Zero Waste Daniel is a white gay man born and raised in Reading, Pennsylvania. At a young age he found himself fascinated with style, fashion, and designing. Eventually, he made his way to New York to pursue fashion with the support of his friends and family. From the beginning his parents instilled environmentalism in him and nurtured his creativity.
Daniel said, “I was always really interested in clothes and making things and style. That was my personal interest but it wasn’t any of my family’s interest. It’s funny looking back on my path to environmentalism; wanting to impress people who aren’t really impressed by fashion meant that I had to be doing things to sort of higher standards than the status quo.”
Those higher standards and years of craftsmanship allowed him to create the backbone to his genderless zero-waste designs: Rerolling. He often compares it to the act of baking cookies and re-balling up leftover dough to make as many batches as possible. To me, it’s like squeezing all the juice out of a lemon and zesting the rine.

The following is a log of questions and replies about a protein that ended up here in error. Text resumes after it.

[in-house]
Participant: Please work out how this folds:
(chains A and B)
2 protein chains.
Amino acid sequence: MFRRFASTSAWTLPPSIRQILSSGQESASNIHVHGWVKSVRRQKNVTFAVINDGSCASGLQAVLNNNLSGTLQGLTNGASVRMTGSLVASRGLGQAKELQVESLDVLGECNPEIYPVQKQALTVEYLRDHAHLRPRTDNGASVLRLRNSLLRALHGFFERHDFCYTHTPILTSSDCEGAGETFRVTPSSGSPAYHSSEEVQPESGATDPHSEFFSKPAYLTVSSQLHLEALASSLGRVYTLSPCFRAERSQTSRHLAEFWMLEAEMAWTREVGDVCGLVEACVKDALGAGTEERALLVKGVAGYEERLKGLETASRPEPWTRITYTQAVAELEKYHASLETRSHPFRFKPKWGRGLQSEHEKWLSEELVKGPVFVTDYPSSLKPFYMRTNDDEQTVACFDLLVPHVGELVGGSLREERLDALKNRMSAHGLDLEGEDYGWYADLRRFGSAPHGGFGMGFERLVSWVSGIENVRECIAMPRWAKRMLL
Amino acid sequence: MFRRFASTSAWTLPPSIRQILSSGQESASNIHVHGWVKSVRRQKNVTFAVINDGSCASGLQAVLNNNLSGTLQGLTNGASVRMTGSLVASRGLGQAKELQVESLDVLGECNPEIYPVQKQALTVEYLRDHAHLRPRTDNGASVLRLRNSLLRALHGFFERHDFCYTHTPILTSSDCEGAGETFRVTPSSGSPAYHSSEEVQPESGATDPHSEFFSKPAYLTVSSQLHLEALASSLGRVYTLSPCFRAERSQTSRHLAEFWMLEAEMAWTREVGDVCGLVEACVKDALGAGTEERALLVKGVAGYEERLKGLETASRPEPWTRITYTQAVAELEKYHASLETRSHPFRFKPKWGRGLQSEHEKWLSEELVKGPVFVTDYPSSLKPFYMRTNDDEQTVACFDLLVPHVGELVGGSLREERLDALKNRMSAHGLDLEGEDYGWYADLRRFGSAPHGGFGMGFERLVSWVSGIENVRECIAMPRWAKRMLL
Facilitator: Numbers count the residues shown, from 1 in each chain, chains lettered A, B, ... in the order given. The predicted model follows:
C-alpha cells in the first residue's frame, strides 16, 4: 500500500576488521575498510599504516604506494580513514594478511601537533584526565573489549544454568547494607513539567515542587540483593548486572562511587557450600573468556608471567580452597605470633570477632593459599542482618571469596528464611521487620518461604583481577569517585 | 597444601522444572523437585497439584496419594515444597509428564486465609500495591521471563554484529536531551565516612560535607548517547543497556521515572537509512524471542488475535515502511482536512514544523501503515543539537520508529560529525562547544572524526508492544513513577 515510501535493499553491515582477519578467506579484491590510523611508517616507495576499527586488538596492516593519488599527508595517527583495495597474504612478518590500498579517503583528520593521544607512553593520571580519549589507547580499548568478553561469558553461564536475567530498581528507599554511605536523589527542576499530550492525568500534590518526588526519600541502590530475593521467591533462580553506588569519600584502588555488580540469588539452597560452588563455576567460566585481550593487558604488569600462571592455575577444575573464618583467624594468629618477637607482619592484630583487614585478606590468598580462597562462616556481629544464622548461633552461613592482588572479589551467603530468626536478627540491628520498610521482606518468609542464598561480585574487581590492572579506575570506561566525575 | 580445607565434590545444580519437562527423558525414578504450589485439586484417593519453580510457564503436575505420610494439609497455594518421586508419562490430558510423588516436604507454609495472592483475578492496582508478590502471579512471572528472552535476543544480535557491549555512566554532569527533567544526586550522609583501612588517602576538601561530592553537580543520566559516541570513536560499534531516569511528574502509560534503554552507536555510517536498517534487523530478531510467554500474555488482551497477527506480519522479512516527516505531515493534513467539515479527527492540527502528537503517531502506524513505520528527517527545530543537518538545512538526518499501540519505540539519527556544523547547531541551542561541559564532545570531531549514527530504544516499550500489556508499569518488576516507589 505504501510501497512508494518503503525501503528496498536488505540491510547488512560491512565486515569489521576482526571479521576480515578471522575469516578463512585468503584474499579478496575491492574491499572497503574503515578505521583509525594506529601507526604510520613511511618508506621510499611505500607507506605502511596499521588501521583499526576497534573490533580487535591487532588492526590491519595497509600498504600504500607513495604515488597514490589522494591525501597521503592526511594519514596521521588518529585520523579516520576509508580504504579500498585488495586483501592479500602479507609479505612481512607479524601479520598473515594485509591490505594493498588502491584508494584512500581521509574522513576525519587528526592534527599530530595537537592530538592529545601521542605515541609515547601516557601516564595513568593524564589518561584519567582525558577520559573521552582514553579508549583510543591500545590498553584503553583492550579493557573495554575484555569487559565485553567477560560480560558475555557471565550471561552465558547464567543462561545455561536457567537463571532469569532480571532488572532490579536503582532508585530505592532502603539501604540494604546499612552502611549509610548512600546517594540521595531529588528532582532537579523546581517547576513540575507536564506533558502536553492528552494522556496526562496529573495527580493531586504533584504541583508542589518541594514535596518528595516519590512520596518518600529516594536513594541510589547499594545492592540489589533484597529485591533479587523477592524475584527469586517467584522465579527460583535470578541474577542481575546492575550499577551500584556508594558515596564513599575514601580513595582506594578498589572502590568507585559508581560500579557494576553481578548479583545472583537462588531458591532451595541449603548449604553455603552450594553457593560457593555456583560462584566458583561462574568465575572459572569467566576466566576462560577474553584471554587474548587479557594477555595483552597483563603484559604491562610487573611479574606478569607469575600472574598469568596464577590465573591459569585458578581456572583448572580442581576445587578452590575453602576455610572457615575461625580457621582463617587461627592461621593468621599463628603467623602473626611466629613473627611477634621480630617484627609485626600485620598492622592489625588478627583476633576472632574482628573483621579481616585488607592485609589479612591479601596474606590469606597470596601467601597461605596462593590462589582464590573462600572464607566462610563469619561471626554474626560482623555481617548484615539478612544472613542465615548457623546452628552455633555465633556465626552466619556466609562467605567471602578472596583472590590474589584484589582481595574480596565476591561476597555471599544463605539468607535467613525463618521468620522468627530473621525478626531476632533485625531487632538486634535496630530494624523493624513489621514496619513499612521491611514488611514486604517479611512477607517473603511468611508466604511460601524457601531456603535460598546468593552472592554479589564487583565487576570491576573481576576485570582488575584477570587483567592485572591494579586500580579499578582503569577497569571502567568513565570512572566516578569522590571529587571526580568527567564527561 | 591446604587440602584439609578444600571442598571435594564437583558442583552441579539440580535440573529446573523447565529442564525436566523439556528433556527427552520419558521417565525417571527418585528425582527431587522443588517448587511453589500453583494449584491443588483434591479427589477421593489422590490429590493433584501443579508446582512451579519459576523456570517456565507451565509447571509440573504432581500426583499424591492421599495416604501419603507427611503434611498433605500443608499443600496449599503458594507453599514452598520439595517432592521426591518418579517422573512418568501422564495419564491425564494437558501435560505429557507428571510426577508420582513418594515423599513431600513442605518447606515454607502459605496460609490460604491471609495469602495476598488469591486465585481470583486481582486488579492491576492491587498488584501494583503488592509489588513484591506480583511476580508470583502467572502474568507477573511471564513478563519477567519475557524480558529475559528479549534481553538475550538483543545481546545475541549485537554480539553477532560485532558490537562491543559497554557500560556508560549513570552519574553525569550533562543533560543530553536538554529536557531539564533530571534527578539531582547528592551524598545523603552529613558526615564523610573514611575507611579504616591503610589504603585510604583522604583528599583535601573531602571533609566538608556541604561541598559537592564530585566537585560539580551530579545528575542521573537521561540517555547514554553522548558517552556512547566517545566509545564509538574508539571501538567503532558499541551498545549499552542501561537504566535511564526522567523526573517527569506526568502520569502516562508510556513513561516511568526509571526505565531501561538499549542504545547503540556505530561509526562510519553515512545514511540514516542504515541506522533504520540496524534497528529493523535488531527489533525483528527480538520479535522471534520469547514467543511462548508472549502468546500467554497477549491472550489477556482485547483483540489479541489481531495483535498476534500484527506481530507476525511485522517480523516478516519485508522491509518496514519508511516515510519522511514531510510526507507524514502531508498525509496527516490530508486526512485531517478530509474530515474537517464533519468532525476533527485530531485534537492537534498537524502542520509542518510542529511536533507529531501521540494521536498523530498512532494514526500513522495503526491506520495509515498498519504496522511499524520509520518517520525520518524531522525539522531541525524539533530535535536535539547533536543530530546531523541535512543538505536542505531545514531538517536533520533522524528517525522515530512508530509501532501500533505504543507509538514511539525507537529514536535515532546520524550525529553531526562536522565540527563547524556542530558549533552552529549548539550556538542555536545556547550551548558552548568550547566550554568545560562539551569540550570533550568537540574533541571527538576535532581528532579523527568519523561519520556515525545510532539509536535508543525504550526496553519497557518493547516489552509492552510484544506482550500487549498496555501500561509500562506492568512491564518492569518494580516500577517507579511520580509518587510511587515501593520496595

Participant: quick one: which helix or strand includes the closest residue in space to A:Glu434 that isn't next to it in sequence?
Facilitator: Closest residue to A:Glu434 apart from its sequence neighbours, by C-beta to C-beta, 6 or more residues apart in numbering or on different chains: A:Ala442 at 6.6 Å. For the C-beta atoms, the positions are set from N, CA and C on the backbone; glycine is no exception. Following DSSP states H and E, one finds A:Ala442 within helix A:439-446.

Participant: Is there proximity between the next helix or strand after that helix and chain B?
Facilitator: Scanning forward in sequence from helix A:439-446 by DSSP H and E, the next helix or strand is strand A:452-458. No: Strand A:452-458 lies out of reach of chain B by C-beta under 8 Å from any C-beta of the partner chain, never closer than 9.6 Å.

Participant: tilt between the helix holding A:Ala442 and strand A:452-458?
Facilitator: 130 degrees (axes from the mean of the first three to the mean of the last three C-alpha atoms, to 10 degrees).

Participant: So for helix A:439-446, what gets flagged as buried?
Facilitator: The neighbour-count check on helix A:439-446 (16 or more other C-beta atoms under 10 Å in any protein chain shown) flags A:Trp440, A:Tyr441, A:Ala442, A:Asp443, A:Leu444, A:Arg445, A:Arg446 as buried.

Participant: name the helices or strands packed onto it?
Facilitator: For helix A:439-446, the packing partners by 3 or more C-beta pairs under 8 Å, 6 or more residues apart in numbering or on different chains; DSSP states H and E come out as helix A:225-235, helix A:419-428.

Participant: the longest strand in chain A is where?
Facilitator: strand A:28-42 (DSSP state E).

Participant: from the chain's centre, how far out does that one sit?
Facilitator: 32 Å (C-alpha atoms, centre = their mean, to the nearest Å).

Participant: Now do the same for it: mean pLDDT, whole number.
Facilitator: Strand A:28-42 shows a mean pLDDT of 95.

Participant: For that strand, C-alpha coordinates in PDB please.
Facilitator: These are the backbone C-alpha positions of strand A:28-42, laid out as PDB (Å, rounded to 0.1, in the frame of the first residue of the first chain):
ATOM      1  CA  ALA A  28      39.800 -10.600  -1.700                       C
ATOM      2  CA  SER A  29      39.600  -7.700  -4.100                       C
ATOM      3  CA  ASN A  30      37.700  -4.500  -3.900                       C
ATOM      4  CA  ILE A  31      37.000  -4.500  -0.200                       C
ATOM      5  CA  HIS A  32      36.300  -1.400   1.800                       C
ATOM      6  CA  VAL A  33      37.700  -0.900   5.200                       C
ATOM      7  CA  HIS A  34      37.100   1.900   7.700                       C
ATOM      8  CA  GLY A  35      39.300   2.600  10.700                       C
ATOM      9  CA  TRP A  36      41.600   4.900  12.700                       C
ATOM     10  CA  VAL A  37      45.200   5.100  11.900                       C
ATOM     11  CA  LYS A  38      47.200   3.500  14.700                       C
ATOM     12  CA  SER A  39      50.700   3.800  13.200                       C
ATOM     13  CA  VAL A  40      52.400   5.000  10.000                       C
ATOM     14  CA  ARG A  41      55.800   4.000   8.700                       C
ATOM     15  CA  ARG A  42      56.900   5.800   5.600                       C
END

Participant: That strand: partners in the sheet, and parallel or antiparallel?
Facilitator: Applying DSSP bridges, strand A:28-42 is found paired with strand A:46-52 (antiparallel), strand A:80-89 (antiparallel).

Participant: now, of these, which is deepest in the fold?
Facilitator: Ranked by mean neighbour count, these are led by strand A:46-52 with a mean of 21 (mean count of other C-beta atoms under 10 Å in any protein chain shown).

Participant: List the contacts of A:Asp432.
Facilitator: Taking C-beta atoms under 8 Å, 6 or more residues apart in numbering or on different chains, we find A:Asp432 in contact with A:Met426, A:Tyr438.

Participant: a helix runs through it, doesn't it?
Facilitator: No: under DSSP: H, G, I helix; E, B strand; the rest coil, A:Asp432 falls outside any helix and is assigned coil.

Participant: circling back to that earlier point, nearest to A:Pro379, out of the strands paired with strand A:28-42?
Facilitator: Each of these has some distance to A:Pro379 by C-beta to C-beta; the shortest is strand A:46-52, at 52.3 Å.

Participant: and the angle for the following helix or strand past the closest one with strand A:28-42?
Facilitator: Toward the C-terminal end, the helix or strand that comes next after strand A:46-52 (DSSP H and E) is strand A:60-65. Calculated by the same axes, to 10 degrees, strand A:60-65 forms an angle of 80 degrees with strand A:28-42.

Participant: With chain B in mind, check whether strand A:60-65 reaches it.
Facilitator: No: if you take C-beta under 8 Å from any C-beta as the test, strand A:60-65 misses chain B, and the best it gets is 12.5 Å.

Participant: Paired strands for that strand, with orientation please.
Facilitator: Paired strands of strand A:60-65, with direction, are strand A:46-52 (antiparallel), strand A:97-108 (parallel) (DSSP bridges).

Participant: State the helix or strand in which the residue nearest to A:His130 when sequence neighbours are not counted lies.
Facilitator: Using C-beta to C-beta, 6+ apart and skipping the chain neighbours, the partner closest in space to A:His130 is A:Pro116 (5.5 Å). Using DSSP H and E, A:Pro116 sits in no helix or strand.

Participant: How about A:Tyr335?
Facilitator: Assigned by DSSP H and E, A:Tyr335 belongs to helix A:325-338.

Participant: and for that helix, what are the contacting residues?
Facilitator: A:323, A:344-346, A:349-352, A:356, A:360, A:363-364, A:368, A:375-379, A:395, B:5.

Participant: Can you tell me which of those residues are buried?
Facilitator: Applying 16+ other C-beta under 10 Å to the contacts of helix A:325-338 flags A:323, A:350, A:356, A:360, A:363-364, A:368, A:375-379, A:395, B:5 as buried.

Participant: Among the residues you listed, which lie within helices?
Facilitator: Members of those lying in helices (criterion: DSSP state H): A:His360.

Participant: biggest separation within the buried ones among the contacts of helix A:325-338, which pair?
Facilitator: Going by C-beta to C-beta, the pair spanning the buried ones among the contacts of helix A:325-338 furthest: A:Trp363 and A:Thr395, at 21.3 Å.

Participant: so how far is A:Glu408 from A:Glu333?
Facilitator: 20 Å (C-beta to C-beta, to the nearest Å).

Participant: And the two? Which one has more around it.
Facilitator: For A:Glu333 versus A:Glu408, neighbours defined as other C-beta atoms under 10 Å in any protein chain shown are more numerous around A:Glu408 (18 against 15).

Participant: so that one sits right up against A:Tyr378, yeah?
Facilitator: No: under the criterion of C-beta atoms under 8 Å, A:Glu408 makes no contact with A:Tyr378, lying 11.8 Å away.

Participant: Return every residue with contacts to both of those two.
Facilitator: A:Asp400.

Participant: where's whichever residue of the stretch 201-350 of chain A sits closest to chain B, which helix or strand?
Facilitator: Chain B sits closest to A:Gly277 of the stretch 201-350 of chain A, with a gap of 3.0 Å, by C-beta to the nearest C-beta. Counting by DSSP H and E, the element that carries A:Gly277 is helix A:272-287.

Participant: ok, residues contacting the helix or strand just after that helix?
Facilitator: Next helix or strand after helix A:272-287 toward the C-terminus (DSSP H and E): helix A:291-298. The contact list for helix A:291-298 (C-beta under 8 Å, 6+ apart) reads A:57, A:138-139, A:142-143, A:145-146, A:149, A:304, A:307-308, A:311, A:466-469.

Essentially, Daniel and his team execute a form of upcycling where they take left-over fabrics from other designers or warehouses and use it to make his unique garments. Then they take the left-overs from those designs, add them to other garments, and so on. Some eco-designers use fabric made of recycled materials while Zero Waste Daniel simply recycles the fabric.
In 2016, the average North American consumer bought 35 pounds of clothing. Based on those numbers, by this year 2020, 35.4 billion pounds of clothing will be left in U.S. landfills. To Daniel, “zero waste,” means finding new homes for those discarded clothes and fabrics, but it is also a lifestyle.
“The term ‘zero waste,’ for me is avoiding sending things to landfills by keeping them inside a circular economy, but also thinking about it as a holistic practice and not a challenge you do with yourself,” he said. “It’s doing things that don’t waste time, energy, humans, or other resources. I get one career. I don’t want to waste it.”